In Nigeria, government and political offices are filled by means of elections, which are challenged by petitions if the validity of the election or the return of a candidate is in dispute.
Election petitions are governed by a specific electoral law, making them unique. Section 288 of the Constitution and the Electoral Act 2022 regulate elections in Nigeria, while election petitions are also governed by the 1999 Constitution, and the Electoral Act of 2022.
Election petition tribunals are specialised courts that handle election cases, rather than regular courts.
Below is a timeline of presidential election petitions in Nigeria and their outcomes:
Olusegun Obasanjo vs Olu Falae –
Obasanjo was declared the winner, and Falae filed a suit at the Appeal Court, challenging INEC’s declaration of Obasanjo as winner of the poll, but the court struck out his application based on technicalities. Falae later claimed that the election result was altered while he was asleep in the night.
Olusegun Obasanjo vs Muhammadu Buhari –
Obasanjo was declared the winner, and Buhari challenged his re-election at the Presidential Election Petition Tribunal, which dismissed the petition Buhari filed.
He again went to the Supreme Court, but the apex court delivered a judgment that validated the Tribunal’s earlier ruling.
Umaru Musa Yar’Adua vs Muhammadu Buhari and Atiku Abubakar –
Yar’Adua won a highly controversial presidential election; local and international observers said the election failed to meet international standards. Buhari and Atiku challenged the election at the Supreme Court, which eventually upheld Yar’Adua’s election into office as president.
Goodluck Ebele Jonathan vs Muhammadu Buhari –
Jonathan was announced winner, but the defeated parties rejected the result. Buhari challenged Jonathan’s victory, but the Supreme Court dismissed his appeal and affirmed an earlier decision by the Court of Appeal which upheld Jonathan’s victory.
Muhammadu Buhari vs Atiku Abubakar
The 2019 presidential election held on February 23, 2019, and featured incumbent President Muhammadu Buhari of the All Progressives Congress (APC) and Atiku Abubakar of the Peoples Democratic Party (PDP) as the main contenders. Buhari won the election with 15.2 million votes, while Atiku polled 11.3 million votes.
Atiku and the PDP, however, challenged the result of the election at the Presidential Election Petition Tribunal. They claimed that the election was marred by irregularities, violence, and rigging. On September 11, 2019, the tribunal dismissed Atiku’s petition and upheld Buhari’s victory.
Bola Ahmed Tinubu vs Peter Obi and Atiku Abukarkar
The announcement by the Independent National Electoral Commission (INEC) declaring Bola Ahmed Tinubu of the All Progressives Congress (APC) as the president-elect has been contested by Atiku Abubakar, the presidential candidate of the Peoples Democratic Party (PDP), and Peter Obi of the Labour Party (LP).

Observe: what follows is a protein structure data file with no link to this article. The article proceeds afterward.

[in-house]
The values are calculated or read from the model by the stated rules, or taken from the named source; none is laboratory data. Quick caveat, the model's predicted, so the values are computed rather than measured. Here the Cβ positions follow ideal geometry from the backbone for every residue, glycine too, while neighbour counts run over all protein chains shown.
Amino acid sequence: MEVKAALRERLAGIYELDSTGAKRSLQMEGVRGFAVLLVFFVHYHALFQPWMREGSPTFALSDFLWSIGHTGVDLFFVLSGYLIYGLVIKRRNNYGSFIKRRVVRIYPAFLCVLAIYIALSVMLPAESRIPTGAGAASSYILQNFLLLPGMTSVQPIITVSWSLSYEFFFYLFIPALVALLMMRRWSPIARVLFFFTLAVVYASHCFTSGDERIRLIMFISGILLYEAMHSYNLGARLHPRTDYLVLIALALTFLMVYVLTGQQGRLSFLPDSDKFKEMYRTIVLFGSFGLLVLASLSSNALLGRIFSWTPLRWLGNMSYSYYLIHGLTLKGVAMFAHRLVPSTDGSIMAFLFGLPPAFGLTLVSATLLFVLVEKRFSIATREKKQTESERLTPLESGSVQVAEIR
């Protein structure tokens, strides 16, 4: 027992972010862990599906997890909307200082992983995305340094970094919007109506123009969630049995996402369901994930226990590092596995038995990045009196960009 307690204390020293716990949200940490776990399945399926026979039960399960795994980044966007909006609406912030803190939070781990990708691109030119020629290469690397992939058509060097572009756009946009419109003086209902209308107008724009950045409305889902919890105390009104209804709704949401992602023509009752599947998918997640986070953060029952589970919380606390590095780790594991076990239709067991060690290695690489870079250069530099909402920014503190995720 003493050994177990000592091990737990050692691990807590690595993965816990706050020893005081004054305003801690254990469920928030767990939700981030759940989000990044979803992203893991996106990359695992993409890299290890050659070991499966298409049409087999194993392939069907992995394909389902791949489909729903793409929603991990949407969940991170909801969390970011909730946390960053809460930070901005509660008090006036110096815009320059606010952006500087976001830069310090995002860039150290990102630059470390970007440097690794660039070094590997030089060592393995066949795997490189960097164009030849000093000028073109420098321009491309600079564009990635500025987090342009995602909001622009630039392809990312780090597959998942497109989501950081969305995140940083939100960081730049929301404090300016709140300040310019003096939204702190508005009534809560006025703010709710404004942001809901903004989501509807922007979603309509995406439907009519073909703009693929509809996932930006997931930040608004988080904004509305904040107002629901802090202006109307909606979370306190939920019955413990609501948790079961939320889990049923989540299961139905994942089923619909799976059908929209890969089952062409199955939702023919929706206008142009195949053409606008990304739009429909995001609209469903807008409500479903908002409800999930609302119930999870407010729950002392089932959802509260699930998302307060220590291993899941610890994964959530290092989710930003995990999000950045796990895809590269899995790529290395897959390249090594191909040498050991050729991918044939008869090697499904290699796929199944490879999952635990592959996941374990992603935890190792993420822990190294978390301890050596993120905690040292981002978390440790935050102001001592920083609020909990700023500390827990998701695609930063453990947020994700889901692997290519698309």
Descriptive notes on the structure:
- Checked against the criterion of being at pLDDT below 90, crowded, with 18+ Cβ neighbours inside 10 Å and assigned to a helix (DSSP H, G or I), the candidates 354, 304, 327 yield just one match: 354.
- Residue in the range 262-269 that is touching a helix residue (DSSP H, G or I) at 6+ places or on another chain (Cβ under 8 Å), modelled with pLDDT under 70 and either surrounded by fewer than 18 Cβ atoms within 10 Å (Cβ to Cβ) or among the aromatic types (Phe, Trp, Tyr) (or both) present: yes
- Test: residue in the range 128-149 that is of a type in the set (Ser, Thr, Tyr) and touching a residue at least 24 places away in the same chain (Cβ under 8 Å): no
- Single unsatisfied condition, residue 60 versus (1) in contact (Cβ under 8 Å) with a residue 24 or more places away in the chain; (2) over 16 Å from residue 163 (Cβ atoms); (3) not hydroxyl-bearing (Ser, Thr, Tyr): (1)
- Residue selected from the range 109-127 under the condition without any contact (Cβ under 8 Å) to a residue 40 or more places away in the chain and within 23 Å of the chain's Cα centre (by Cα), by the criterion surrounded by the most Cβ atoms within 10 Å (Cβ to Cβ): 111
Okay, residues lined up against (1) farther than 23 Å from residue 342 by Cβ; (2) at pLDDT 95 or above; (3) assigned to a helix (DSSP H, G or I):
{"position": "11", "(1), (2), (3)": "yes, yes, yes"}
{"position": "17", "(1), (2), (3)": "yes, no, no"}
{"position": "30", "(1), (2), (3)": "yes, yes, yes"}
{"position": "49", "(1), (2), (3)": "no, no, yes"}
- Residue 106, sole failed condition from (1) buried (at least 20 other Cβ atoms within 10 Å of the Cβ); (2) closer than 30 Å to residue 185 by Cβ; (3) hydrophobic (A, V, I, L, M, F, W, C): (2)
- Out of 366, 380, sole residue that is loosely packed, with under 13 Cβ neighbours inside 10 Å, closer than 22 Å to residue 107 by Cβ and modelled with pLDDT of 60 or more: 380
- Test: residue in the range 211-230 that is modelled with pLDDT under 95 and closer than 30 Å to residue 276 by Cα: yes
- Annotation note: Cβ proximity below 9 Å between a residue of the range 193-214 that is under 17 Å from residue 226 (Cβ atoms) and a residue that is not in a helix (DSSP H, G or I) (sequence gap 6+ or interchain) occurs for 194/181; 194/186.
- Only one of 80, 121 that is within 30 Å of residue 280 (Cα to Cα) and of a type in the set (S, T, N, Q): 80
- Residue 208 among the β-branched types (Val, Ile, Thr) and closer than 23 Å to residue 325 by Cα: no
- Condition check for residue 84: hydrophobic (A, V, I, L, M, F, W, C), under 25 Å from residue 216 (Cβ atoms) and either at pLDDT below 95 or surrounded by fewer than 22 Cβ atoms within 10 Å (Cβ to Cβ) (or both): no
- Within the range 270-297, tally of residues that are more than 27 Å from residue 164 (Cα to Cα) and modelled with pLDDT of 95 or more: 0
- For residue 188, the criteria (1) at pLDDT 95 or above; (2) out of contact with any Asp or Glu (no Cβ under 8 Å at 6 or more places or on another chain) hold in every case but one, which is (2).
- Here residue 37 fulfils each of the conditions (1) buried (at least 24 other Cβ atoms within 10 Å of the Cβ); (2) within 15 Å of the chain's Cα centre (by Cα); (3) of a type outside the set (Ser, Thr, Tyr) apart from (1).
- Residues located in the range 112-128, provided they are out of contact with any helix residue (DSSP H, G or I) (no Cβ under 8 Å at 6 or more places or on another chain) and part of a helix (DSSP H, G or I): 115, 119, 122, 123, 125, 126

Atiku rejected the outcome of the election and claimed it was the worst election since Nigeria’s return to democracy in 1999. He led a protest to INEC’s headquarters in Abuja, and his legal team filed a suit against INEC at the Appeal Court, requesting access to inspect the sensitive electoral materials used during the exercise.
Peter Obi also rejected the result and filed a petition, challenging the declaration of Tinubu as winner of the February 25 presidential election.
It is worth noting that the party in power has won all election petitions that followed presidential elections since 1999.
Also, the 2015 presidential election won by Buhari was the only time in the history of Nigeria’s fourth republic when election results were neither rejected nor challenged in court by a formidable contender.
Governorship election petitions
Chris Ngige vs Peter Obi (Anambra State)
In 2003, Peter Obi ran for governorship in Anambra State under the All Progressives Grand Alliance (APGA) party, but the Independent National Electoral Commission (INEC) declared Chris Ngige of the People’s Democratic Party the winner. After a three-year legal battle, Ngige’s victory was overturned by the Court of Appeal on March 15, 2006, and Obi became governor two days later. However, after seven months in office, he was impeached by the State House of Assembly and replaced by Virginia Etiaba, his deputy, who became Nigeria’s first female governor. Obi challenged his impeachment and was reinstated as governor by the Court of Appeal on February 9, 2007, after which Etiaba handed power back to him.
Peter Obi vs Andy Uba (Anambra State)
In the 2007 elections, Obi lost to Andy Uba of the People’s Democratic Party, but the Supreme Court declared him governor of Anambra State and ordered Uba to vacate the office. The Supreme Court’s unanimous decision came two months after the general elections and was based on the constitutional requirement that a state governor’s tenure last four years, thus allowing Obi to stay in power until March 2010.